I had to leave early to get back to the office for a meeting but when I later found the group again, they told me they had once again exceed their daily target. I mentioned earlier that the results are quite susceptible to bias but when considering the big picture, this is actually huge step in the right direction. It gets people talking about the problem, rather than pretending it doesn’t exist, which I’m told happens often in Kenya with hot button issues like corruption and human trafficking. In 2010, almost nobody would agree to even be tested, but in only four years, the organization has gotten people interested in safe sex and contraception. There needs to be a gradual shift in public opinion before change can happen – and we’re on that path right now.

June 15 — Learning how to fit in when you stand out and initial impressions of Kibera/CFK

When it hits you, the smell is excruciating – it’s a mixture of garbage, toxic fumes from burning plastic, and diesel. It’s no wonder that there are so many health problems endemic to slums. It’s unfathomable just how many people, especially kids, live in Kibera. Half of the population is under 15 years old. 

Through experience, I’ve finally managed to avoid getting my pants muddy from walking on the dirt roads after the rain. I’m also getting more orientated with the area and can manage to find my way home without getting lost, which is a minor success considering how there are no street names. Here, I’m told people learn how to navigate themselves and give directions using landmarks.

My first day of work involved an orientation of all the facilities and initiatives my NGO operates, led by Daniel, a field worker for the Economic and Entrepreneurship Department. Our first stop was to a nutrition centre for children up to 5 years of age. The centre goes around homes in Kibera and screens children for malnutrition. Only the most severe cases are taken into the centre for treatment and monitoring all-day. The kids arrive in the morning and are fed four meals throughout the day. The most common malnutrition problem they see is stunting and low body weight. What concerned me though was that the centre fed the children mostly carbohydrates, with soy being the only protein I heard. They also administer Plumpy Nut and macronutrient packets. It was so fascinating seeing international nutrition in action.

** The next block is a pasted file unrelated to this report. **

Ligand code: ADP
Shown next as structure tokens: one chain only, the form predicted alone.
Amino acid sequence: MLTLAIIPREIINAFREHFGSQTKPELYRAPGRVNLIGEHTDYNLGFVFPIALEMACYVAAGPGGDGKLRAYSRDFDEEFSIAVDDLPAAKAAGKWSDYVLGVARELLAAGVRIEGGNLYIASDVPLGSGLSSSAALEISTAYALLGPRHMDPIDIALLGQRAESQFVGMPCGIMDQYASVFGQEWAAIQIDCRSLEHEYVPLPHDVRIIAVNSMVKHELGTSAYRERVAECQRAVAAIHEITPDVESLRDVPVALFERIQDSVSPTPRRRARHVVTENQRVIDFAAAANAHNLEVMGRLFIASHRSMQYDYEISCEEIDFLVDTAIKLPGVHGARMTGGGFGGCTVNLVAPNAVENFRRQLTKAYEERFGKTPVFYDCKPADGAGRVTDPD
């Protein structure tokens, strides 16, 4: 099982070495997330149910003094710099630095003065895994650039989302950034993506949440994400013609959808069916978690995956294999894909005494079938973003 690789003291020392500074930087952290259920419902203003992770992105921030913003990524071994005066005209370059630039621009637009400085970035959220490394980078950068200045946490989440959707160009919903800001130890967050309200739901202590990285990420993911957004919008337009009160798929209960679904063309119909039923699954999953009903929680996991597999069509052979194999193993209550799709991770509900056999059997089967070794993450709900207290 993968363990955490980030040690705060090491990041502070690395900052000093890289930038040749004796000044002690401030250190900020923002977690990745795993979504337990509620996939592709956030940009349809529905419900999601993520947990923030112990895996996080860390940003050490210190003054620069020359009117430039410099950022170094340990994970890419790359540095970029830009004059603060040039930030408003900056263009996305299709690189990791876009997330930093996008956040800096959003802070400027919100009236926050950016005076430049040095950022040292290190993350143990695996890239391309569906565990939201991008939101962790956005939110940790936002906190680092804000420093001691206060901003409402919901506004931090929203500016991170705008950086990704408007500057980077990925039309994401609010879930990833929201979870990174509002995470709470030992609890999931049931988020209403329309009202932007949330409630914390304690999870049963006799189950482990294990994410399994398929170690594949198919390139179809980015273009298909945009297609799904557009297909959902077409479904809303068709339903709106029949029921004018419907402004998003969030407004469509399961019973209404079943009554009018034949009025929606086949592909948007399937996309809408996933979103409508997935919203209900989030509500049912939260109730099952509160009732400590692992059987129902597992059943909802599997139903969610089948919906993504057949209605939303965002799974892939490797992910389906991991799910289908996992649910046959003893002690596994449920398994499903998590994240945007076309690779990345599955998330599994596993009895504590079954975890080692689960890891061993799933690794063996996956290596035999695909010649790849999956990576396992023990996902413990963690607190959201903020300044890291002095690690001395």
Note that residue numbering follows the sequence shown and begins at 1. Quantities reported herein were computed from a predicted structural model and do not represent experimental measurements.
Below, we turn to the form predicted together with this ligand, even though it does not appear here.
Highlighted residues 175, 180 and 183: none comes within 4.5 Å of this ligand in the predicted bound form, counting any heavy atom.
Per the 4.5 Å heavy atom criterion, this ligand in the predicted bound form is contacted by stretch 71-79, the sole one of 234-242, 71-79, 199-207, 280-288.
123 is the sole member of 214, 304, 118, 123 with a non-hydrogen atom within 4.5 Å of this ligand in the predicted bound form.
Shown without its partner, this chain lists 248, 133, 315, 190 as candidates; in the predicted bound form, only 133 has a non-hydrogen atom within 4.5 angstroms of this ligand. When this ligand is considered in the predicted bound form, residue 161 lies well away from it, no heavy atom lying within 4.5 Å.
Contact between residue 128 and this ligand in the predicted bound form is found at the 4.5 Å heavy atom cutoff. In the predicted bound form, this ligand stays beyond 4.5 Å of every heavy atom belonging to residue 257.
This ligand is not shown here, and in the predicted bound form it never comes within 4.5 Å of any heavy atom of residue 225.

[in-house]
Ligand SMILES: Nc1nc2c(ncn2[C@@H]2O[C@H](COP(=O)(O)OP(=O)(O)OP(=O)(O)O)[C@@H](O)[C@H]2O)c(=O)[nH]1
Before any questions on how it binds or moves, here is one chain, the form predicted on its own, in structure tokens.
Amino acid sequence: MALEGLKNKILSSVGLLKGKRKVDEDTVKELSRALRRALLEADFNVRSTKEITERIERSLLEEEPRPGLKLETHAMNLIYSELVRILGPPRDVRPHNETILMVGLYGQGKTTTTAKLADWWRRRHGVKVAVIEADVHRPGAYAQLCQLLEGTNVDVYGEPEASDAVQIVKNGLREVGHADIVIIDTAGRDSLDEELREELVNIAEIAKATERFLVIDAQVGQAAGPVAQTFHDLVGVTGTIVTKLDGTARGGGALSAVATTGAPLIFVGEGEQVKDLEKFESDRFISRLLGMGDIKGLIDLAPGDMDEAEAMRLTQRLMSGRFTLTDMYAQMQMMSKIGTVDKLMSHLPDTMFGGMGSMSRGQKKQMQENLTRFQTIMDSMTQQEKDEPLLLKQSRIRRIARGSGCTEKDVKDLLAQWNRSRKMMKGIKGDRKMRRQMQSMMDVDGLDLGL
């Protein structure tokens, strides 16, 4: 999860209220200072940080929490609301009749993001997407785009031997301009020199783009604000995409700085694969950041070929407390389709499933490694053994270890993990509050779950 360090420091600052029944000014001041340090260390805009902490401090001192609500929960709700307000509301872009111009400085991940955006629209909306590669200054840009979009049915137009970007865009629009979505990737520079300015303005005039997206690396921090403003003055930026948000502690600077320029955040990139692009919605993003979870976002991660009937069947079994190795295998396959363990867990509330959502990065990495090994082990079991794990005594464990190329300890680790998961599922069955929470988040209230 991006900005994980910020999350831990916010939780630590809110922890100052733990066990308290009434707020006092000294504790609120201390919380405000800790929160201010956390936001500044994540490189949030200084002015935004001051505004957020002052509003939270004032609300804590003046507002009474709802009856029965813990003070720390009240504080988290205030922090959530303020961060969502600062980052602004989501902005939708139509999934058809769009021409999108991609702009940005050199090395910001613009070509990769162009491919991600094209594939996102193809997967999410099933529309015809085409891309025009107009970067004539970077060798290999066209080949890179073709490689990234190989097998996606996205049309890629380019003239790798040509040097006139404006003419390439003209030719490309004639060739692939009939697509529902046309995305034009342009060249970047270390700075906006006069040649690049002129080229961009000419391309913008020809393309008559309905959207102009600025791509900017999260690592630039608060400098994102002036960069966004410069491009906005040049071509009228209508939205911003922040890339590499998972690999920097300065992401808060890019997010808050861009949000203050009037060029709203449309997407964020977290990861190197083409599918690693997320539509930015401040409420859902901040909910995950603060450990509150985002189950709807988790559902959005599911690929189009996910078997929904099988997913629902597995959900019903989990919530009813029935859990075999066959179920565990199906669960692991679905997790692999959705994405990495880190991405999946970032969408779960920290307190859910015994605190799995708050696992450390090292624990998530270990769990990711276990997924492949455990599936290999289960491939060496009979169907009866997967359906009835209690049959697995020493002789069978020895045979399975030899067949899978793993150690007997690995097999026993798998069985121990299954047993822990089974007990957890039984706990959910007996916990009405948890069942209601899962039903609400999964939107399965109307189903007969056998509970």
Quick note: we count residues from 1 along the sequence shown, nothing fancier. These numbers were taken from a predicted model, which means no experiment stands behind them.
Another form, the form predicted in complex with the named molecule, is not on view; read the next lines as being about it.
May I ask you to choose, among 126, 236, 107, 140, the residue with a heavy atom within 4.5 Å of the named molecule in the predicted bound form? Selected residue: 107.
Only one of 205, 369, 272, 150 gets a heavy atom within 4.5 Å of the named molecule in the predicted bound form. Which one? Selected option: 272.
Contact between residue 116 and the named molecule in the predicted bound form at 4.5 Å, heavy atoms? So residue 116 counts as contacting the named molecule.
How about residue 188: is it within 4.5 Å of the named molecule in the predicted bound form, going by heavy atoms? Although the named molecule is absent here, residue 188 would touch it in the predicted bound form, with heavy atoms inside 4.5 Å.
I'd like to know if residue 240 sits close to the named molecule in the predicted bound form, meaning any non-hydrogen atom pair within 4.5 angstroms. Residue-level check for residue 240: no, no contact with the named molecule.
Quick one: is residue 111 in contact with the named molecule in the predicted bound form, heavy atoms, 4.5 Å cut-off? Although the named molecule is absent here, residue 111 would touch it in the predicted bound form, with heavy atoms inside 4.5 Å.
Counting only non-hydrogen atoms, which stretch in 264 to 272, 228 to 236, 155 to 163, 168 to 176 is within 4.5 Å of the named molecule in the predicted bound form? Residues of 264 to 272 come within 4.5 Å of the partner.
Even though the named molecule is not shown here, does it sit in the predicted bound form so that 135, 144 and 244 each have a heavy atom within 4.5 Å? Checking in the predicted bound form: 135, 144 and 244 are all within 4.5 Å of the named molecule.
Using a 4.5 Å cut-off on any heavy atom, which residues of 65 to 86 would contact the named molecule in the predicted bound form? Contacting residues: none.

Our next stop led us to Fruitful Talent Women’s Group, where Mama Beatrice leads a program focused on making jewelry from paper and art using banana fiber that they sell at the market. Part of the profits are used to fund a preschool program in the makeshift school next door, pictured below. 

We then met Frederick from Victorious at his workshop. This group makes jewelry and crafts from cow bones purchased at slaughterhouses at 2 shillings apiece. They wash, bleach, carve, polish and paint the bone pieces into all sorts of beautiful handcrafts, like necklaces, bracelets, earrings, key chains and bottle openers. He told me he also makes all-bone smoking pipes, which he claims is unique. The great thing is that all their workers are native to Kibera – that’s the “social” aspect of their social enterprise. They’ll train local young men in the art of jewelry-making and carving so they are able to acquire useful skills and escape unemployment. Frederick knows that competition is stiff yet he maintains that the quality of his products are always superior. He is a great man, and always willing to teach me useful Swahili phrases.

We were then handed off to Daniel, the manager of Agatha Clinic, the very first service that CFK birthed, and named after one of its co-founders. It is an outpatient clinic that provides basic medical services to Kibera residents free of change, and at a subsidized rate for others. The clinic has grown to an impressive three-story building with a lab, an x-ray room, and several examination rooms. They also have peer counselling for patients diagnosed with HIV and treat malnutrition.

The Trash is Cash recycling centre collects plastic containers and other plastic items from the community and resells the material to industries. Once the plastic is delivered to the recycling centre, workers sort out the different items by colour and they get pelleted by a large shredder into very small pieces. This is the value proposition of the recycling centre – industries are willing to pay a premium for pre-shredded plastic because it can be moulded directly into other things. I was told the plastic needs to weigh at least 2 tons before it can be put in the machine to cut. Unfortunately, they’re experiencing fierce competition by individuals who offer to pay a small fee to collect unwanted plastic. Although they can’t cut the plastic down into small pieces, they can still profit from selling the whole thing to companies. The city has no recycling program. In fact, in informal areas such as Kibera, the city provides no waste management service. All of it is handled by NGOs, the private sector or individual trash collectors.

Trash in abundance!

Our final stop was Zero Waste, a women’s group that meet weekly to turn cheap plastic bags into beautiful crochet bags that are durable and colourful, which they them sell in a nearby shop. They start off by cutting the handles of the regular plastic bags and then cut the rest into one long strip, which they then use. Last Thursday, I learned how to crochet with one of the women and I only managed to produce a circle about 2 inches in diameter.